Tuesday, November 6, 2018

Noise and collective behaviour

"You should never do anything random!", Michael Osborne told the room at large for the umpteenth time during my PhD. Mike, now an Associate Professor at Oxford, is still telling anyone who will listen about the evils of using random numbers in machine learning algorithms. He contends that for any algorithm that makes decisions at random, there is a better algorithm that makes those decisions according to some non-random criterion.
Having seen this debate sporadically erupt over a decade or so has burned the issue of random decision making deep into my psyche, where it has lurked until I recently had reason to think a bit more deeply about the use of random decision making in my own research area: modelling animal behaviour.

Many models of animal behaviour make use of random decisions, or 'noise'. For example, an animal may choose a new direction in which to move by averaging the current directions of the other individuals around itself, and then add some random error to that average to give its own new direction. But why should an animal do something random? Surely there is a 'best' action to be taken based on what the animal knows, and it should do this. Indeed, how would an animal do something random? It is remarkably difficult for humans to write down 'random' series of numbers without the aid of a random number generator, such as a coin or a dice. If you were asked to pick one of two options with a probability of 0.65, how would you do it? Why should an animal be any different?

Usually when we ascribe noise to animal or human decisions, what we are really doing is modelling that part of the decision that we either don't understand, or that we choose to ignore. For example, in a recent paper my coauthors and I looked at factors influencing neighbourhood choice in Stockholm. We modelled choices as being influenced by the characteristics of the moving household and the neighbourhoods they were choosing from, but ultimately being probabilistic - i.e. random. As we say in the paper, this is equivalent to assuming that the households are influenced by many other factors that we don't observe, and that they make the best choice given all this extra information. Because we don't see everything that influences the decision, it appears 'noisy' to us.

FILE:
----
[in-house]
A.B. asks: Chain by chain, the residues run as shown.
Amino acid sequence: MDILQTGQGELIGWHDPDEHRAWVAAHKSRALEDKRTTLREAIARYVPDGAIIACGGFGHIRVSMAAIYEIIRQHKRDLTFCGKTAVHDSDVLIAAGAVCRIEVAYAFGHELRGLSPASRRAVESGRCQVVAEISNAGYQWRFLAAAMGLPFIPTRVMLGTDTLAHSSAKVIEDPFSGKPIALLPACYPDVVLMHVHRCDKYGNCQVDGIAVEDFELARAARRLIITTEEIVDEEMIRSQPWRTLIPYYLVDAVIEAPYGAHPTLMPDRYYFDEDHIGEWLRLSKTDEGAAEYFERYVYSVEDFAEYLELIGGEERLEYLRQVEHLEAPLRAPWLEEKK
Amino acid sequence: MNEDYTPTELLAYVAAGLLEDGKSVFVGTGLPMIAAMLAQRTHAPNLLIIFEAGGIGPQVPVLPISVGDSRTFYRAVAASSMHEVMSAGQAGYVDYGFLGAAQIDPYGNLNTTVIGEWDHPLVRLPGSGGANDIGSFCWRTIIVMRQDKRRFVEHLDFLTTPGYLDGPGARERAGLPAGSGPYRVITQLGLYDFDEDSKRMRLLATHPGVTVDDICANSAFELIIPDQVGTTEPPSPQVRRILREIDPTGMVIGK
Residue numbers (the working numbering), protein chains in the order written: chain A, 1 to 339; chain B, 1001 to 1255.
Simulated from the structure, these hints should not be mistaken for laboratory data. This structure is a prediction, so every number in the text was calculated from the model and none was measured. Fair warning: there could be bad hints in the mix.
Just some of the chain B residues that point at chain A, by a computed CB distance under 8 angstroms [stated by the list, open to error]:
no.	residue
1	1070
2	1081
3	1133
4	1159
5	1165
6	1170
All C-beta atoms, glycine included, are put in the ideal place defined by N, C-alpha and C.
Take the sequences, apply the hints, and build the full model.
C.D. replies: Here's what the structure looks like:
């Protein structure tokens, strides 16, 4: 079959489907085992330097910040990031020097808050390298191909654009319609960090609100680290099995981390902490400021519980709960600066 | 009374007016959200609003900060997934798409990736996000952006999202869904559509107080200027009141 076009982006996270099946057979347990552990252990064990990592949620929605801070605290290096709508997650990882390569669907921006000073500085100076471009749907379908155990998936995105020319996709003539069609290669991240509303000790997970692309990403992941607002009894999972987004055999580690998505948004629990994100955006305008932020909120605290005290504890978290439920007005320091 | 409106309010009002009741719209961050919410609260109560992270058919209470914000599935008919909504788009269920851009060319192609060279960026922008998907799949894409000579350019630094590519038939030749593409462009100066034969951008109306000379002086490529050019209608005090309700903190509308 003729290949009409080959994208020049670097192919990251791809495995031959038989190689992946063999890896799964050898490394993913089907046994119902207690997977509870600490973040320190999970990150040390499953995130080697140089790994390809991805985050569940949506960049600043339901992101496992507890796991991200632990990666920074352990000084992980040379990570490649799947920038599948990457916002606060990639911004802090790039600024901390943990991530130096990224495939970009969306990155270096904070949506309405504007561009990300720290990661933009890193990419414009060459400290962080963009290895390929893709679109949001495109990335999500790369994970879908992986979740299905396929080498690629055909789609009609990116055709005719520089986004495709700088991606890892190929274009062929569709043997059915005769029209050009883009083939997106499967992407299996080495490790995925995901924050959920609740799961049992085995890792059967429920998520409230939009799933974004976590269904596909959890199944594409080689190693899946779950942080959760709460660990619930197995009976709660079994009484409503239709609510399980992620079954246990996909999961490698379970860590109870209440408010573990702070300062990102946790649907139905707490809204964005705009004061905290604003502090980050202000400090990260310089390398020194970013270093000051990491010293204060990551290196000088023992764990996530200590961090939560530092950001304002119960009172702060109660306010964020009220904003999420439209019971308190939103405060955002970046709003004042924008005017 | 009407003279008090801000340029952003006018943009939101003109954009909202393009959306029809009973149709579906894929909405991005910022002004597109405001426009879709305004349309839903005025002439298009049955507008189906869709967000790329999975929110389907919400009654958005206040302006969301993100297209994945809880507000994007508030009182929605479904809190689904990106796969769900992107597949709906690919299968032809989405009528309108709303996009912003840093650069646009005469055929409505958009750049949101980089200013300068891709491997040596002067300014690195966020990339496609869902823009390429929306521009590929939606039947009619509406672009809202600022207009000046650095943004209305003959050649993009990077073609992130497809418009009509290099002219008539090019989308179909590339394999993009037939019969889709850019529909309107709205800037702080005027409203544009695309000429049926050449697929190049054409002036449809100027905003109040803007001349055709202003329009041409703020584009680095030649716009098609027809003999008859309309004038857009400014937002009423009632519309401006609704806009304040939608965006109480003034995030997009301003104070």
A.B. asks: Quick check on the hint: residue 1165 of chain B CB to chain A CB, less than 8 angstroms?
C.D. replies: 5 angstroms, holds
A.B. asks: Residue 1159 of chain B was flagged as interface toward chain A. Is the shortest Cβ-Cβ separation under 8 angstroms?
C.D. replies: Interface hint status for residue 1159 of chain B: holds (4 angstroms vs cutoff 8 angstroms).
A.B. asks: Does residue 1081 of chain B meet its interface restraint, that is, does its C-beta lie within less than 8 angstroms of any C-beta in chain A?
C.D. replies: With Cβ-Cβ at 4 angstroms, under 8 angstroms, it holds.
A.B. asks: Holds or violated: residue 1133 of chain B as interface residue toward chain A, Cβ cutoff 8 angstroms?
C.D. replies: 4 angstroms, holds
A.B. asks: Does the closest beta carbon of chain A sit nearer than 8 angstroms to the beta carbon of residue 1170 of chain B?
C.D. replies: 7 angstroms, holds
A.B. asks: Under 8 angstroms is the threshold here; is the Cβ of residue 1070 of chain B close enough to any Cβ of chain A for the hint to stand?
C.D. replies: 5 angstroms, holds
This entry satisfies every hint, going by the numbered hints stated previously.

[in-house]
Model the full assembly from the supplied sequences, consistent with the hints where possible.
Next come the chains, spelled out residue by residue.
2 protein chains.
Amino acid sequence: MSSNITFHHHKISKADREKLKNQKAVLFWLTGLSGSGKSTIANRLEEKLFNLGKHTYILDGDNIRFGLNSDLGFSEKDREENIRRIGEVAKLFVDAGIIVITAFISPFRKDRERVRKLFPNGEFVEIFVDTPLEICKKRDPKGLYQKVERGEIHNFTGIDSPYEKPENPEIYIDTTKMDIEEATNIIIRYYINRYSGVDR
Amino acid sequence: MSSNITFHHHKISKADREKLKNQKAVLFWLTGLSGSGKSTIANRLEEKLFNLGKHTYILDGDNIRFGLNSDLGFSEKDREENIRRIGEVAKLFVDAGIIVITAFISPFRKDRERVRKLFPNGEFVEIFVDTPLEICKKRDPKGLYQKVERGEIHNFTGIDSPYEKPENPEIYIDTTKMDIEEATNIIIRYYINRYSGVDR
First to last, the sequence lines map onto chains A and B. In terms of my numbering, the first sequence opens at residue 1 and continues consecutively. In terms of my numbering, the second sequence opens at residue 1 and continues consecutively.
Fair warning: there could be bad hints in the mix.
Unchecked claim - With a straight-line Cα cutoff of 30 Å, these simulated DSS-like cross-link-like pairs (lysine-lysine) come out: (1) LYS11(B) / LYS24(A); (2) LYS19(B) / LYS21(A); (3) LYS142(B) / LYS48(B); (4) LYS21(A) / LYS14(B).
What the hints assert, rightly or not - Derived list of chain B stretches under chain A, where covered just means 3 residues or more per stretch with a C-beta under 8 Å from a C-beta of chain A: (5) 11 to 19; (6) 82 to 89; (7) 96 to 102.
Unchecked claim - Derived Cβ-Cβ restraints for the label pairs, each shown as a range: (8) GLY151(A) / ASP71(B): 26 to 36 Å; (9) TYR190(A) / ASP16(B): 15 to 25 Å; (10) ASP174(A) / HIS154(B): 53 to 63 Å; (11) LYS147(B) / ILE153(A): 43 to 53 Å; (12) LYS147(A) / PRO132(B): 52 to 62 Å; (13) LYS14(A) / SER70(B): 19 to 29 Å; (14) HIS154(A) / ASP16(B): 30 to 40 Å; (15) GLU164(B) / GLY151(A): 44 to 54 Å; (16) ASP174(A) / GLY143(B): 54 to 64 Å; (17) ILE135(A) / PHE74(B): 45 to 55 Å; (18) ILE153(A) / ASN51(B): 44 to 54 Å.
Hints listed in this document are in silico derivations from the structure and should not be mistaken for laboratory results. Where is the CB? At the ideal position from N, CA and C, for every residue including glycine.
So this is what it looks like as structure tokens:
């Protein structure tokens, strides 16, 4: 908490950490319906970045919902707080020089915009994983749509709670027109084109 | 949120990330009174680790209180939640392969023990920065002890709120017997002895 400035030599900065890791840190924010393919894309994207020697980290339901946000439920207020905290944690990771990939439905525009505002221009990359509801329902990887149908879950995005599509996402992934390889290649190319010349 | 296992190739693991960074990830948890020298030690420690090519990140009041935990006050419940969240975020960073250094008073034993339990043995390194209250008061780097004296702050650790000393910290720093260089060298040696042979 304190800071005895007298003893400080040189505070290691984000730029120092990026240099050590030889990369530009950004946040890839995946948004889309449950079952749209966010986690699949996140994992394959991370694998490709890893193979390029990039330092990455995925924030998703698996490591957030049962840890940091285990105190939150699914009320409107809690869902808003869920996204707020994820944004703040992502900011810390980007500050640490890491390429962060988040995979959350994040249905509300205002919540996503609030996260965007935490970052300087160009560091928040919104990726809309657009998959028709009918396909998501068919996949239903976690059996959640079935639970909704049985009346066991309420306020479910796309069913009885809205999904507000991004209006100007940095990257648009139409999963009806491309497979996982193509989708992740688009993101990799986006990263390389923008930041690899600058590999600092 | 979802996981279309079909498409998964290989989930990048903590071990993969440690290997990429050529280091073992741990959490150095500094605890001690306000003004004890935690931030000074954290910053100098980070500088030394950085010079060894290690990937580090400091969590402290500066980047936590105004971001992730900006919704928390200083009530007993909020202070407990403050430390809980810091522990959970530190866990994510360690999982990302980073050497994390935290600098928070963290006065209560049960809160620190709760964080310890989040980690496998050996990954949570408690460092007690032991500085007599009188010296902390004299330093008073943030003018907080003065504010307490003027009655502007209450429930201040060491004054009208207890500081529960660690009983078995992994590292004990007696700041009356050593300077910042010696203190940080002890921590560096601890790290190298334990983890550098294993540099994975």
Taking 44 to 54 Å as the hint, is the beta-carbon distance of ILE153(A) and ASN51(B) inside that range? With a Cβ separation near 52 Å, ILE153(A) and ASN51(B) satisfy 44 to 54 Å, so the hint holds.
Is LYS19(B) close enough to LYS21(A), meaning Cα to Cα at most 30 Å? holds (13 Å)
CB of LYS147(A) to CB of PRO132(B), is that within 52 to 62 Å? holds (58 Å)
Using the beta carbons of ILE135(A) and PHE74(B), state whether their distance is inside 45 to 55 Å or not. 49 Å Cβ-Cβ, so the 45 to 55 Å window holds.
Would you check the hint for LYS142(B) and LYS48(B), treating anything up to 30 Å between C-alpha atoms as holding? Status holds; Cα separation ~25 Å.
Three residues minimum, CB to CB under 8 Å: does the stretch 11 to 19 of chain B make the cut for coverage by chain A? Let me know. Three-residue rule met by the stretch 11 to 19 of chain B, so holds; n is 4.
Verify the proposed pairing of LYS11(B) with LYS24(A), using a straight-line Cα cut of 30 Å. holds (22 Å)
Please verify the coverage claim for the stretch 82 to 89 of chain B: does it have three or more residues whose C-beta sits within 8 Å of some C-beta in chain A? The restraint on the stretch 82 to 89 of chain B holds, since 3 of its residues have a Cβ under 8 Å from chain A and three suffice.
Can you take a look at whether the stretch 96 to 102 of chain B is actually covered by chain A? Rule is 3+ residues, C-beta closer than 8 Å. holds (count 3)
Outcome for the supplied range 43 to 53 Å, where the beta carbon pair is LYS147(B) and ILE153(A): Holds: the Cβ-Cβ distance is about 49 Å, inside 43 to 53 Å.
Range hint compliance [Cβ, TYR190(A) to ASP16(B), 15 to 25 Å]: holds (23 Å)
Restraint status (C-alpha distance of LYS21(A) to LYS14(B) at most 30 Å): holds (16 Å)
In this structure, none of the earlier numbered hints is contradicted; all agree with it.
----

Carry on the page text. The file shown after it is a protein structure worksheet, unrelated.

So far, so good. This is fundamentally no more controversial than treating a coin toss as random, even though we know that the coin is obeying deterministic physical rules. As long as we use a decent model for the stochasticity in these decisions, we can happily treat what are really deterministic decisions as being random, and still make solid inferences about what influenced them. But we can run into trouble when we forget that only we are playing this trick. This becomes a problem in the world of collective behaviour, where we want to understand how animals are influencing and being influenced by each other. Though we might treat individual animals' decisions as being partly random, we cannot guarantee that the animals themselves also do the same thing. Indeed, it is likely that the animals themselves have a better idea about what factors motivate and influence each other than we do. Where we might, in our ignorance, see a random action, another animal might well see a response to some cue that we haven't thought to look for.